In the Chinese quarters empty chairs were set up, the musicians began to play, and the great feast began. The food, much of it imported from Hong Kong, featured bean-curd cakes, varieties of exotic dried fish, clams, and mushrooms, along with noodles and cabbage. Rice or apricot wine was the drink of choice, but brandy was also popular. The feast would be accompanied by the music of Chinese fiddles, barrel drums, and gongs, intended to entertain the deceased.

Local children would be drawn by the noise and line up for Chinese candy and sweets and of course a parading dragon! For the Chinese, the New Year’s festivities were a high point of their lives. While the children may have loved the celebration, many Jacksonville residents viewed it with distaste, greeting it with ridicule and distaste.

From the white perspective, almost everything was wrong: firecrackers scared their horses, cooking of the meats created a “great stink,” and the food, although prepared with great care, was deemed repugnant. References to Chinese New Year in the town’s two weekly newspapers were invariably negative. The press judged the events as an “affliction upon our residents,” occasions for “gobbling vast quantities of roast pig and chicken, smoking opium, drinking very bad brandy, and burning any amount of firecrackers, to the accompaniment of heathenish sound by gong and cymbal, and pig-squealing screeched from bamboo banjos and one stringed fiddles.”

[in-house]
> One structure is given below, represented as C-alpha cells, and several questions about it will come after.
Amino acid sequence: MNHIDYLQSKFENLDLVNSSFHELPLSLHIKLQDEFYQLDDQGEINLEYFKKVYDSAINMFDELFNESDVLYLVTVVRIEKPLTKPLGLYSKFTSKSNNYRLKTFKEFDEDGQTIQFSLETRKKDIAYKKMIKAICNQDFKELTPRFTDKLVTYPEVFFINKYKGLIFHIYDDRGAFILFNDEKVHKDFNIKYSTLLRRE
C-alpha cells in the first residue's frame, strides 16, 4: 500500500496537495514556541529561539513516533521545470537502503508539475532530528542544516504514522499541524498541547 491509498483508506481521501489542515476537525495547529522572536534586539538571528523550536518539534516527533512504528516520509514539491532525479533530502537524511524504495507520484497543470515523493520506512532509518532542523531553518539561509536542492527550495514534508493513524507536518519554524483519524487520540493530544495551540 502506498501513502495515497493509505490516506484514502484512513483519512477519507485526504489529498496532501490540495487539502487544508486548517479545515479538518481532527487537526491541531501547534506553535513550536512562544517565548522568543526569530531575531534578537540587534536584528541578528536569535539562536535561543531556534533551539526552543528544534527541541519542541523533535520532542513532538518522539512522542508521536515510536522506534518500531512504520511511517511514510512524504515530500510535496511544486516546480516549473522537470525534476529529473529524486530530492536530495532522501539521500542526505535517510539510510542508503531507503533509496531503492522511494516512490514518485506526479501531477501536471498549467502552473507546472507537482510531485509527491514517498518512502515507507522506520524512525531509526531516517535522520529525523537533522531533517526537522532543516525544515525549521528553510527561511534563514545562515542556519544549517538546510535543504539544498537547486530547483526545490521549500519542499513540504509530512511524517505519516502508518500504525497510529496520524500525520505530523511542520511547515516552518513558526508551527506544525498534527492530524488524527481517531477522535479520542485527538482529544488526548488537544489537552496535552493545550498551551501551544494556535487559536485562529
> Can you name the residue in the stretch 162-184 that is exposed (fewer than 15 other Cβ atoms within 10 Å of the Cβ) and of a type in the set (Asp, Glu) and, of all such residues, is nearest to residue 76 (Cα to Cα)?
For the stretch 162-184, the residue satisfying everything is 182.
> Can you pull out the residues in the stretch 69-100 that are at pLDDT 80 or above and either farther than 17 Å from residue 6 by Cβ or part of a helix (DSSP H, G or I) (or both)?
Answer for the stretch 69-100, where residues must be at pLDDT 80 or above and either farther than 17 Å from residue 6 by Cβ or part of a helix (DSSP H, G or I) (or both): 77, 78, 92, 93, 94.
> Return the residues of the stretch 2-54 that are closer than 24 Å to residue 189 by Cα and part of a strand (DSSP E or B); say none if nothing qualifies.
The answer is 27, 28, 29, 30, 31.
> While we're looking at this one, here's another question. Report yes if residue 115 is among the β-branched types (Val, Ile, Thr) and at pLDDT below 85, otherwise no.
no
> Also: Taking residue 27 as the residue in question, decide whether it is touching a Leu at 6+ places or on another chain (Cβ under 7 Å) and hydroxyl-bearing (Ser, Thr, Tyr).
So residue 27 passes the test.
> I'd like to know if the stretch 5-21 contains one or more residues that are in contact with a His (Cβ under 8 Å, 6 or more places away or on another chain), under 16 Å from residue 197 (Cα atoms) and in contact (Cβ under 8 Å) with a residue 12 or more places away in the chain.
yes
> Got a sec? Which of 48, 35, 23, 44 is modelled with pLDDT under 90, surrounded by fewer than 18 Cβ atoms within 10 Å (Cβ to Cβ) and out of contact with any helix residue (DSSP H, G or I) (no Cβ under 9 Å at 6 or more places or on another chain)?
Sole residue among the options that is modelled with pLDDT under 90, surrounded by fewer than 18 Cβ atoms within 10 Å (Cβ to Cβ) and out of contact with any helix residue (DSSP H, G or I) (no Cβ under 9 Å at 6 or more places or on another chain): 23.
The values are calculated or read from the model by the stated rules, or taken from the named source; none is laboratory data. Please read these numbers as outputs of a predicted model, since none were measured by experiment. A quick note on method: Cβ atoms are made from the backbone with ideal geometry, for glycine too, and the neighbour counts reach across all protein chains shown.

But how Southern Oregon “welcomed” the Chinese is another story and a disturbing one. And by the late 1880s, the noisy, exuberant Chinese New Year celebration was largely a thing of the past.

We realize that, by now, most of you may be asking “where do all the animals come in?” The animals are basically Chinese zodiac symbols.

Although modern-day China uses the Gregorian calendar, the traditional Chinese calendar governs holidays, such as the Chinese New Year. It’s a “lunarsolar” calendar, based on astronomical observations of the Sun’s longitude and the Moon’s phases. A common year has 12 months and a leap year has 13 months. An ordinary year has 353–355 days while a leap year has 383–385 days. Days begin and end at midnight, and months begin on the day of the new moon

However, each year combines two components—a 10-year celestial aspect and a 12-year terrestrial branch based on the zodiac. Most of us are familiar with the terrestrial branch which features animal names—rat, ox, tiger, rabbit, dragon, snake, horse, sheep, monkey, rooster, dog, and boar or pig. However, both celestial and terrestrial components are in a 60-year rotation, and the combination of the two in the year that an individual is born is supposed to determine his or her future.

The Lion Dancer, shown in our Chinese New Year image, while not part of the Chinese zodiac, symbolizes power, wisdom, and superiority. People perform lion dances at Chinese festivals or on big occasions to bring good fortune and chase away evil spirits. The lion dance is one of the most important traditions at Chinese New Year.

For more information about current and past Jacksonville Chinese New Years visit the Southern Oregon Chinese Cultural Association website (SOCCA) at